The effective range of the VSYM controlled variable delay must be large enough to correct for expected process and temperature extremes. With a maximum time selection path of twelve nanoseconds, about four nanoseconds is needed for the adjustment span. To do this, a constant phase difference is added to t0fx by offsetting a recalculation of t0fx with respect to ROSC. This would be done with an offset number only once, e.g., to t0fx at tester system reset, or by offsetting the tap selections.
Table II illustrates the steps of a symmetry/phase detector loop, such as is needed in the system of FIG. 5. The first step begins with both signal symmetry and phase lock in good condition. If ROSC begins to lead tOfx in phase, then voltage VPLL is lowered. If ROSC-tsym exceeds tsym -ROSC, then voltage VSYM is increased to make ROSC lag t0fx. Voltage VPLL is increased to lock ROSC to t0fx.
TABLE II______________________________________Symmetry and LockROSC leads t0fxLower VPLLROSC-tsym larger than tsym -ROSCIncrease VSYM thus ROSC lags t0fxIncrease VPLLROSC Locked to t0fx______________________________________
FIG. 6 illustrates a circuit suitable for use as charge pump 107 (FIG. 5) for generating a power signal (e.g., VSYM) to control the delay between the main ring oscillator and a set of NANO retriggered ring oscillators (e.g., ring oscillators 72 and 74 in FIG. 4). Decrement signals (dec) cause a transistor 120 to pull a junction 122 toward voltage VPLL. Increment signals (inc) cause a transistor 124 to pull junction 122 toward ground. By inserting a variable delay (e.g., path 114), the DUT path signals are adjustable so process and temperature variations can be compensated. This circuit generates a power signal (VSYM) that will typically vary around VPLL. VSYM may control a string of ring elements having a range that exceeds the maximum difference that can occur in the reference path and the DUT path. A diode 126 limits the excursions of VSYM.
Within a tester implementation, any change in the period which involves the least significant bits will cause a change in time sets because a typical NANO field can vary by 2:1. NANO programming in the present invention is different than in prior art testers. For example, NANO unit values stay constant. A NANO unit is still the modulus of a minor, but it will change in its unit's quantity at different frequencies. For example, at fifty MHz, the minor might be thirty-two units, while at twenty-five MHz the minor would be sixty-four units. In this case, a unit is equal to a ring element. In the present invention, NANO includes one more bit and thus PICO is shifted from 1:4 to 0:3. The PICO unit value and range are constant. PICO divides the unit value of NANO by sixteen.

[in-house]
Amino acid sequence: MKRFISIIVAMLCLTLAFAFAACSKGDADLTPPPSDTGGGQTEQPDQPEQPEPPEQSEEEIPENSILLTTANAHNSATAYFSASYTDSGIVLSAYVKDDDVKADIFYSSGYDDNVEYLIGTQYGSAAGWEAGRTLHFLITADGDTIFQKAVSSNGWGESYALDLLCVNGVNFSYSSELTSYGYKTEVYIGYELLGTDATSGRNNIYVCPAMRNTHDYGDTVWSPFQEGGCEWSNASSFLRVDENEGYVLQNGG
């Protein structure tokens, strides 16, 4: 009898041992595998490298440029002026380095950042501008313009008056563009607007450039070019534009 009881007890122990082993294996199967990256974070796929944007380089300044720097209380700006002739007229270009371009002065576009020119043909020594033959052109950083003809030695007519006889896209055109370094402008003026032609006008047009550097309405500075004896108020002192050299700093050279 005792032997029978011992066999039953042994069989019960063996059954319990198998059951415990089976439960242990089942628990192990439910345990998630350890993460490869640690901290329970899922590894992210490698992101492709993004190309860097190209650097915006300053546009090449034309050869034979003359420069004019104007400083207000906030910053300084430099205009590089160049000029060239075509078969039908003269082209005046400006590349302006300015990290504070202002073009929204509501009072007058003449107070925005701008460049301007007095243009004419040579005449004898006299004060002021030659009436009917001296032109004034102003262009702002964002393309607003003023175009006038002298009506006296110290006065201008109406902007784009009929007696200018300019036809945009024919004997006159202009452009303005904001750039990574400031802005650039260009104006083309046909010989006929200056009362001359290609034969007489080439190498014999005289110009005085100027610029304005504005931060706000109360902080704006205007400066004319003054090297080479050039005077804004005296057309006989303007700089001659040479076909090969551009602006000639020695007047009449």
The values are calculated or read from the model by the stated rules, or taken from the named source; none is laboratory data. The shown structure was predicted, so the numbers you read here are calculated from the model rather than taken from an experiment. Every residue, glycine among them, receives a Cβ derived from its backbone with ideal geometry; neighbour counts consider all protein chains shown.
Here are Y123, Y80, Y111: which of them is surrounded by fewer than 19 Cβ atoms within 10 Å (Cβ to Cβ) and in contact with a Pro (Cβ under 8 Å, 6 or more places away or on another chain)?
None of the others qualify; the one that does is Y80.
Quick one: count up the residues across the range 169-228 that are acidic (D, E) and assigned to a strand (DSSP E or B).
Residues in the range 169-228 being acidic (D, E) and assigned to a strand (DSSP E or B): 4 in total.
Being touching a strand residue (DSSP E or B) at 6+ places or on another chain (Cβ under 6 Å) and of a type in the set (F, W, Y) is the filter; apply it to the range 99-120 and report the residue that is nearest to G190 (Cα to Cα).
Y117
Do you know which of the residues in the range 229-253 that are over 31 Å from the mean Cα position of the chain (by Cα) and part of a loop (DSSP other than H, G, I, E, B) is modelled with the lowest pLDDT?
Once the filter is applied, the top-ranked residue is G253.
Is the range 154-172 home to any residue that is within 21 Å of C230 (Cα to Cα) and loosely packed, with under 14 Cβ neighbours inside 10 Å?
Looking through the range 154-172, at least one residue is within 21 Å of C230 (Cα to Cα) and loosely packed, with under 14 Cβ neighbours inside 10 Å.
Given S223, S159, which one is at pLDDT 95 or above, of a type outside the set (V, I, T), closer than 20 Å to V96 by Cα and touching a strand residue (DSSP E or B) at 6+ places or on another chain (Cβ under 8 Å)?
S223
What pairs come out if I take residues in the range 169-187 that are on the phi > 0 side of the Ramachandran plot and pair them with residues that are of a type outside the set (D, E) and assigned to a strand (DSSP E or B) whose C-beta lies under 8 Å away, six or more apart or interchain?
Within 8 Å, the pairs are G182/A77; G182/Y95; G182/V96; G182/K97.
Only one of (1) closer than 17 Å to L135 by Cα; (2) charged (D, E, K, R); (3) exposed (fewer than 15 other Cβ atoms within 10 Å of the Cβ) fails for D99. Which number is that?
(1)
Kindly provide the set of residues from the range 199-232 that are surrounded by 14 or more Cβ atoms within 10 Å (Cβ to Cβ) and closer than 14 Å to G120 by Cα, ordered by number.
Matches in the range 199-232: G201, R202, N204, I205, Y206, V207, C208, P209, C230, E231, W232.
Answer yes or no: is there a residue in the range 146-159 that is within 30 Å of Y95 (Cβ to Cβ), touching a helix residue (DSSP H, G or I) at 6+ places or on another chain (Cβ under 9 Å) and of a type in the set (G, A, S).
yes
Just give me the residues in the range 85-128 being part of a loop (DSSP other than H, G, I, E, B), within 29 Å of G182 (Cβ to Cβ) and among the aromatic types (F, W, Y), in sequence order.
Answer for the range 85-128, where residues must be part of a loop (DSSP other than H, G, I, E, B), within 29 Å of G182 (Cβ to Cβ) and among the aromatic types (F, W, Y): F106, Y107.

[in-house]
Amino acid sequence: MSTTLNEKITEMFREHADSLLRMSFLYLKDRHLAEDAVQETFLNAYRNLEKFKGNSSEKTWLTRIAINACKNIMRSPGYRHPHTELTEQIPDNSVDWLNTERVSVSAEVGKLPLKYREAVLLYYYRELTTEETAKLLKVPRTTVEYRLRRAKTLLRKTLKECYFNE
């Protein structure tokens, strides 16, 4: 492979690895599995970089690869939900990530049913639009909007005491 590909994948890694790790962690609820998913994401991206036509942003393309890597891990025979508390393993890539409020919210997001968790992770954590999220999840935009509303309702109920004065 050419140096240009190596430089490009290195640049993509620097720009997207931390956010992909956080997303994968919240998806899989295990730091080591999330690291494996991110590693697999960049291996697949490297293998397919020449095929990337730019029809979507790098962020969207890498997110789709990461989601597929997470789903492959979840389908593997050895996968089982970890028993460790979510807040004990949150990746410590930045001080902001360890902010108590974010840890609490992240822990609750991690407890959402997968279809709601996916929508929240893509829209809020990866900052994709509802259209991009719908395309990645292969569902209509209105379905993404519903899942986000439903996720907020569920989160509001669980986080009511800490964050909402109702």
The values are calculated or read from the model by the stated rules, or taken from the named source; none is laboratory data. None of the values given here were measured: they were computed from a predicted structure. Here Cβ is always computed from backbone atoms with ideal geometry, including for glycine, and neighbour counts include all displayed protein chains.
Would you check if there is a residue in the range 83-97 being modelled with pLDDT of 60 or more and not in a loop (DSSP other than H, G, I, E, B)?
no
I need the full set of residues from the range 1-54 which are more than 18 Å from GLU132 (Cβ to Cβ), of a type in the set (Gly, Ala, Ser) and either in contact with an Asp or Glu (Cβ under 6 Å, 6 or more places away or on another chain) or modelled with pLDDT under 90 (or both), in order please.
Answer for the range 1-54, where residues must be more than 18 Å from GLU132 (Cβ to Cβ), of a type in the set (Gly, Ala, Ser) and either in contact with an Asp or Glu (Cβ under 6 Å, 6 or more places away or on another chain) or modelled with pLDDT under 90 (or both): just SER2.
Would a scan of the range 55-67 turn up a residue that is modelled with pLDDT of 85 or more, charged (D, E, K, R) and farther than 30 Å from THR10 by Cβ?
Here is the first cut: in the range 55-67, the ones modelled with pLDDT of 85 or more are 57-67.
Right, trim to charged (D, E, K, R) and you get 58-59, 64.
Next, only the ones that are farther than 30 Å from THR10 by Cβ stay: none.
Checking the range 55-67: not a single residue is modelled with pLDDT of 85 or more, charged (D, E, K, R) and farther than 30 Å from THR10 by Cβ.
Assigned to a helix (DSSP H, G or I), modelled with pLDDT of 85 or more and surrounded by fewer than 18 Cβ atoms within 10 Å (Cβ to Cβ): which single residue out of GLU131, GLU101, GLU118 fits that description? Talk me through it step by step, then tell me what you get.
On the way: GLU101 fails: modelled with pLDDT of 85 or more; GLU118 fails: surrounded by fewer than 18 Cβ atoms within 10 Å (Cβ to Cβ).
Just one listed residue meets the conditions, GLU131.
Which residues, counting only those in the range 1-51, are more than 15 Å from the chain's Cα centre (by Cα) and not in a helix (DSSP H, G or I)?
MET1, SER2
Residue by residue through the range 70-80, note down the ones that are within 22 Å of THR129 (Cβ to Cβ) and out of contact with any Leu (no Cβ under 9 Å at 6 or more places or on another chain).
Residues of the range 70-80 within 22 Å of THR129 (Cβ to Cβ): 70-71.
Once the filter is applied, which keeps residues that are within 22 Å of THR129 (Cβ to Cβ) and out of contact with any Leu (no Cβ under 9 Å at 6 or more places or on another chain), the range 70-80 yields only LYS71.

Period jitter is a function of the accuracy of the period divider vernier (fifty picoseconds). This period jitter adds to timing errors. A feedback adjustment of the two retriggered rings that feed NANO may be required.
Every implementation of a ring need not be operated as fast as a particular technology will allow in order to attain the required accuracies. Inverters that are relatively more process independent can be used to construct rings. Complementary, but slower, current-starved ring elements may be used, and thereby make a more manageable current environment. Although the present invention has been described in terms of the presently preferred embodiment, it is to be understood that the disclosure is not to be interpreted as limiting. Various alterations and modifications will no doubt become apparent to those skilled in the art after having read the above disclosure. Accordingly, it is intended that the appended claims be interpreted as covering all alterations and modifications as fall within the true spirit and scope of the invention.